Be warned if you head to the area though: A lot of other people have the same plan. According to The Bulletin, the number of people in the region is expected to be double the norm. Law enforcement is preparing to deal with the surge, but area roads — particularly Highway 97 — may have a difficult time accommodating all the traffic.
If you’re just into the beer and not as much the eclipse, the safer bet is the annual Bend Brewfest, which takes place a week and a half earlier, Thursday Aug. 10 through Saturday, Aug. 12. Organizers moved it up a week from its usual dates because of the eclipse.
Want to get a view of the eclipse while also enjoying a craft beer in another part of Oregon? You’re in luck.
· BREWVANA is hosting tour that begins at the Oregon State Fairgrounds for the Oregon Museum of Science and Industry’s Solar Eclipse Viewing Party. Then it’s off to Vagabond Brewing for lunch followed by a tour of Crosby Hop Farm.
· Albany, Salem and Corvallis in Willamette Valley are in the path of the eclipse and have several breweries.
· The chance of clouds is higher on the Oregon Coast, but there are breweries in the path of the totality in Depoe Bay, Lincoln City, Newport and Pacific City.
· Baker City and Ontario also boast breweries that will be the last in Oregon to experience the eclipse before the event continues east into Idaho.
· Be sure to call ahead to make sure the brewery you want to visit is open.
By Dustin Gouker
For the Oregon Beer Growler
It’s difficult to believe Bend’s 10 Barrel Brewing is already 10 years old.
But from its humble beginnings, the quickly growing brewery is set to celebrate its 10th anniversary, complete with another pub opening this spring in its hometown.
A lot has happened in those 10 years, including the now-famous purchase of the brewery by Anheuser-Busch InBev in 2014.
The new brewpub, which is located on 10 Barrel’s east side Bend campus, is part of a larger expansion. A new building in excess of 60,000 square feet will be where all of 10 Barrel’s packaging and shipping takes place. It also includes warehouse space. 10 Barrel had easily outgrown its current facilities.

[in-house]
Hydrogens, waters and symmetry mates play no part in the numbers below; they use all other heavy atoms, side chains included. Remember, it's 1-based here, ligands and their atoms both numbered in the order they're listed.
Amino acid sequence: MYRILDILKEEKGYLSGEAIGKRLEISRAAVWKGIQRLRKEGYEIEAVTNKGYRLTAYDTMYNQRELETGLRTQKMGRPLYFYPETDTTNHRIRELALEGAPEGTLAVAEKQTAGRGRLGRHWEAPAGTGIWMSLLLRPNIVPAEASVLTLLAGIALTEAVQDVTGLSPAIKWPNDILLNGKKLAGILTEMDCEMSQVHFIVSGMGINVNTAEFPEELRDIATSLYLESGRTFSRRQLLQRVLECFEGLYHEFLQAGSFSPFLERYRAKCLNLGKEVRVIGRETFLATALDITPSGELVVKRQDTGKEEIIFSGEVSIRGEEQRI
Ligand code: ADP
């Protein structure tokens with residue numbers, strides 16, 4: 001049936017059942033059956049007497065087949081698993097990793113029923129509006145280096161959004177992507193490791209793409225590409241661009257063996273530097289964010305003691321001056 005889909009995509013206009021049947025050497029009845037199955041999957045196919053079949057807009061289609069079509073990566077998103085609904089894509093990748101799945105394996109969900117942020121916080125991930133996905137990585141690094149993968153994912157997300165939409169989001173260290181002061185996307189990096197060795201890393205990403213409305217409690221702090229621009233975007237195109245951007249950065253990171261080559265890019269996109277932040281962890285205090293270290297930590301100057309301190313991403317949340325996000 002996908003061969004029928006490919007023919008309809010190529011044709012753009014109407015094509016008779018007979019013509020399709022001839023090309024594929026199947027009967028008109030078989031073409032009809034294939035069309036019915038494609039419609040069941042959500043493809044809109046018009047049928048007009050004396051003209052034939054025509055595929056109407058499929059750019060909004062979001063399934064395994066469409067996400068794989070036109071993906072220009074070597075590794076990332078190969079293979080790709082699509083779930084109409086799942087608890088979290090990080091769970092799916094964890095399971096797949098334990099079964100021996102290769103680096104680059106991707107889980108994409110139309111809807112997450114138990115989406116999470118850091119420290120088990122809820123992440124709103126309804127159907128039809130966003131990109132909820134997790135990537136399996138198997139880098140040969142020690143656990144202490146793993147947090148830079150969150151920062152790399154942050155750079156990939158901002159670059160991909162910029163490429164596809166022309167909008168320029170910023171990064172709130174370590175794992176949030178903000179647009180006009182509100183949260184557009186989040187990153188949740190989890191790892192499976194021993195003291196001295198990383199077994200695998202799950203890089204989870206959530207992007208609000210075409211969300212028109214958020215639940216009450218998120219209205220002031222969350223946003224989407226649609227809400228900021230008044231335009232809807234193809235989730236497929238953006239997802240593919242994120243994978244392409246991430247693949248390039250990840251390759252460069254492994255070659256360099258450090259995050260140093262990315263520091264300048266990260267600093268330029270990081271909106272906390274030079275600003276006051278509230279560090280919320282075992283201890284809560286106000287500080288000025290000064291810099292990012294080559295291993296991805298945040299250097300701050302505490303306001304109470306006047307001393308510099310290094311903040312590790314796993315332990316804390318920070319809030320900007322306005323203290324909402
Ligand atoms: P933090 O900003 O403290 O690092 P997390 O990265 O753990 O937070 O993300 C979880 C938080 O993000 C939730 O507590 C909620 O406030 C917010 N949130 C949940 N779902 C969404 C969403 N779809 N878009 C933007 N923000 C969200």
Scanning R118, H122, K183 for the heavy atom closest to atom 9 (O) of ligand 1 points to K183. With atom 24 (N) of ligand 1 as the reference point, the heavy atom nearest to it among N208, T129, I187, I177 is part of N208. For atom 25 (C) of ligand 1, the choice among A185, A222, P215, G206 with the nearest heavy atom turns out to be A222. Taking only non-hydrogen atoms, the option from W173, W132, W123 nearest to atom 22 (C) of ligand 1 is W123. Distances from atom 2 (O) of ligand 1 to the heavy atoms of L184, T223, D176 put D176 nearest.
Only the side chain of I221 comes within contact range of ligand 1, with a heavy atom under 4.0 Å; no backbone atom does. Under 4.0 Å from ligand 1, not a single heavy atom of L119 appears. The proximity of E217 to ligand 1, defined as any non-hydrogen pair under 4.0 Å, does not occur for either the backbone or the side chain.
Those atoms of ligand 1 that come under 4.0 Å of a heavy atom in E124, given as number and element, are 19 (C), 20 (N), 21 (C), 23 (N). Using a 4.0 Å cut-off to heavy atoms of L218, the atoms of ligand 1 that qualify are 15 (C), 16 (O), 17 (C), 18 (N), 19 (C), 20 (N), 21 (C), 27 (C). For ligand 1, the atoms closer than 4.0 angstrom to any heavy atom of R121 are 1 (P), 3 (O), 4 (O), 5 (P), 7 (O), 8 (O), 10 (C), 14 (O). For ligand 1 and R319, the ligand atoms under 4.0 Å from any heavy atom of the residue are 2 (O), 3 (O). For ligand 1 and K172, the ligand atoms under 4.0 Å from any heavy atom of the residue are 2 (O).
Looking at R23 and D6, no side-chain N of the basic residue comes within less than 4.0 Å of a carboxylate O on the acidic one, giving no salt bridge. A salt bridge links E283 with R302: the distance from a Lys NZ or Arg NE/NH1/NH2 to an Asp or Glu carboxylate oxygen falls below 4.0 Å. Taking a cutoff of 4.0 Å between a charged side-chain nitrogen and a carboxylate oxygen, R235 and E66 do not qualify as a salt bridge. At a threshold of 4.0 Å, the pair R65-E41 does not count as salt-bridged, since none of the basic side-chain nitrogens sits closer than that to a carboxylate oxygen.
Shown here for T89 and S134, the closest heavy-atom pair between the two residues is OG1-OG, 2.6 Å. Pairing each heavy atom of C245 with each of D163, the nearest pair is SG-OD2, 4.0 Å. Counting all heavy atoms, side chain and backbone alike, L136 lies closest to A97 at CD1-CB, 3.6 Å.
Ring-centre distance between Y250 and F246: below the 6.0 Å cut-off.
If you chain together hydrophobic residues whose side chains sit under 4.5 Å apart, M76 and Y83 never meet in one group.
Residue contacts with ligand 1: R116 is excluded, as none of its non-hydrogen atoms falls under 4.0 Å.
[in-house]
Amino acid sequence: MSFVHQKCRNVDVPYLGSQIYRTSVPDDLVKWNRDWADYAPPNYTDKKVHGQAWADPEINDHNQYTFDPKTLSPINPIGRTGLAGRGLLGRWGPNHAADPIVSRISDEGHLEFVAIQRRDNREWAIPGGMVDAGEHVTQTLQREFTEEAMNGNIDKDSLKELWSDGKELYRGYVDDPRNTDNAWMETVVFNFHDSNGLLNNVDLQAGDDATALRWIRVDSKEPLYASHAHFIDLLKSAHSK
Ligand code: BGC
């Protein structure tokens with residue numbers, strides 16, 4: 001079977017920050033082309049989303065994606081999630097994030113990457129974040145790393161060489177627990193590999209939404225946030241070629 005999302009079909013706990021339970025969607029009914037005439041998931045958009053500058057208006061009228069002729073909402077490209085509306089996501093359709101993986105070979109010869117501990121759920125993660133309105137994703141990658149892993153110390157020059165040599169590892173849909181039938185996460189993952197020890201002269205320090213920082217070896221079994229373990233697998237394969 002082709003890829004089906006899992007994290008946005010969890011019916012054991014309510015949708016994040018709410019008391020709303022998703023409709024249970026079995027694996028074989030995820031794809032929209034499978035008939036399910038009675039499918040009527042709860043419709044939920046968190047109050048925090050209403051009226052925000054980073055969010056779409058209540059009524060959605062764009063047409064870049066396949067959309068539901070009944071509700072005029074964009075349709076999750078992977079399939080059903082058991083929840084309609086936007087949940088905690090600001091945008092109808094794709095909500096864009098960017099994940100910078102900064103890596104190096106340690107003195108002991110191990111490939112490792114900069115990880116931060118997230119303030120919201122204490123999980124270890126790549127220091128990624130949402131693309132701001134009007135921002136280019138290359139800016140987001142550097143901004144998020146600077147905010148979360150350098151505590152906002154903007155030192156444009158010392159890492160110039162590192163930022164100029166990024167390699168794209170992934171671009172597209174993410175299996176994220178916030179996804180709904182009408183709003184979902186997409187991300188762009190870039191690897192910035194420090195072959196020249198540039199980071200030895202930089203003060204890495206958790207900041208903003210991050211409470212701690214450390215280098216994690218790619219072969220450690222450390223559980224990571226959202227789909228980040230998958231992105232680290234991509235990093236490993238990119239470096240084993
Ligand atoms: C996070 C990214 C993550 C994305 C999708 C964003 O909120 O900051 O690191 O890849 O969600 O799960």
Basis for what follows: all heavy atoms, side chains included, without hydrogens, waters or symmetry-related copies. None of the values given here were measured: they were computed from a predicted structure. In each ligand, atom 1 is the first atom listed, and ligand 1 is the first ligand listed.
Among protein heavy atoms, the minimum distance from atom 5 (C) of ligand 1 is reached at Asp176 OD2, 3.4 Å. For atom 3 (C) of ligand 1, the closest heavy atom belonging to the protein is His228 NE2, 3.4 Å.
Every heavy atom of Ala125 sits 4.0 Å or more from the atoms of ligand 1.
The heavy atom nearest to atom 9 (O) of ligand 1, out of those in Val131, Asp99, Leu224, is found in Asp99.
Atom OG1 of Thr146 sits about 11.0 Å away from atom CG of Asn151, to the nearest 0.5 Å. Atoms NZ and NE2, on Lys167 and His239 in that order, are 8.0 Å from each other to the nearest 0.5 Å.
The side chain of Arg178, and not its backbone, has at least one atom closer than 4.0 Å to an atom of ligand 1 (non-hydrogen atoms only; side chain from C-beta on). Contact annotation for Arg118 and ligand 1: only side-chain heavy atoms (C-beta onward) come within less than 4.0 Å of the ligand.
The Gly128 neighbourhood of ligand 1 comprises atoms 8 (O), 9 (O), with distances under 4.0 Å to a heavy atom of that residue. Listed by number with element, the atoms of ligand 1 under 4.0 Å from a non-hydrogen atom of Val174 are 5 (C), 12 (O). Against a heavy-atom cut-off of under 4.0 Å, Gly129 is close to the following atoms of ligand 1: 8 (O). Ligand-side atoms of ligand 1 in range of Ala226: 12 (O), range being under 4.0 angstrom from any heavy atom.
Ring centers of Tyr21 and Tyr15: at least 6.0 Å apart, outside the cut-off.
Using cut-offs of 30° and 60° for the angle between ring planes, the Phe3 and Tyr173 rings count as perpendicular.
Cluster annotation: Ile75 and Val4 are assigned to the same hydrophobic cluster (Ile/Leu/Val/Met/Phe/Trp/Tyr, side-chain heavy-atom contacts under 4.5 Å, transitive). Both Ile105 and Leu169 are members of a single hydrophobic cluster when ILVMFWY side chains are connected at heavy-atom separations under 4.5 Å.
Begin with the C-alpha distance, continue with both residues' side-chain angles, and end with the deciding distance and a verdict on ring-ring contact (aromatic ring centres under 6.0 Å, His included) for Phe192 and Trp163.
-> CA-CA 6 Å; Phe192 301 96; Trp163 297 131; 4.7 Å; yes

“It’s going to be great to be able to spread out in new offices, to have a little more room.” 10 Barrel brewmaster Jimmy Seifrit told Oregon Beer Growler.
But for people in Bend and fans of the beer in Oregon, the brewpub is perhaps the most exciting news.
10 Barrel’s original brewpub on the west side of Bend is a cozy affair, and often overflowing with guests during peak hours and on weekends.
The new pub will offer a similar intimate experience to that one, but will feature some of the same feel as bigger 10 Barrel pubs in Portland, Boise, Denver and San Diego (scheduled to open in April) with exposed wood, concrete and steel.
Display windows in the pub look into the new 10 Barrel facility. Patrons will also get views of the Cascade Mountains from the patio.
The new pub should do well as soon as the doors open, as the east side of Bend is underserved in terms of brewpubs, with only Worthy Brewing in the vicinity. (It also comes as another of Bend’s biggest breweries, Boneyard Beer, has plans to open a pub this year near downtown.)
Lovers of 10 Barrel’s beer will be happy to know that there are 22 taps on site. That gives the pub the ability to offer a variety of exclusive brews in addition to 10 Barrel’s flagship and seasonal-run beers.
Ian Larkin, formerly of Bend Brewing Company, will head up the brewing for the pub. That reunites him with Tonya Cornett, another Bend Brewing alum working at 10 Barrel. Bend Brewing has consistently produced award-winning beers before and after Cornett’s departure.
Seifrit said he plans to turn Larkin loose to make cool and unique beers, including special barrel-aged and sour beers.
“I told him I want him to come in here and go crazy, and take every idea you want to do, and do it,” Seifrit said. “My mantra is not to micromanage. My job is to give guidance and be an enabler — put the materials in their hands and do the best beer they can.”
10 Barrel tells Oregon Beer Growler that the new pub’s “estimated opening is the end of May," with an exact date still up in the air as of press time. You can find the new pub at 62970 NE 18th St. in Bend. 10 Barrel is also hosting a 10th anniversary party on campus on Saturday, May 13th, featuring a free concert headlined by hip-hop group De La Soul.
The pub is perhaps the biggest change in town. But the new facility is obviously going to change things for 10 Barrel far beyond Bend. The company and Seifrit maintain the brewery holds onto its roots, no matter how big it gets.
“Now, as we’re able to increase capacity, we’ll slowly start sharing the beer with people around the country,” Seifrit said. “But No. 1, we’re always going to focus on our core market — that will be tried and true until the day we die. As a company, we never want to forget where we came from and the people that supported us.”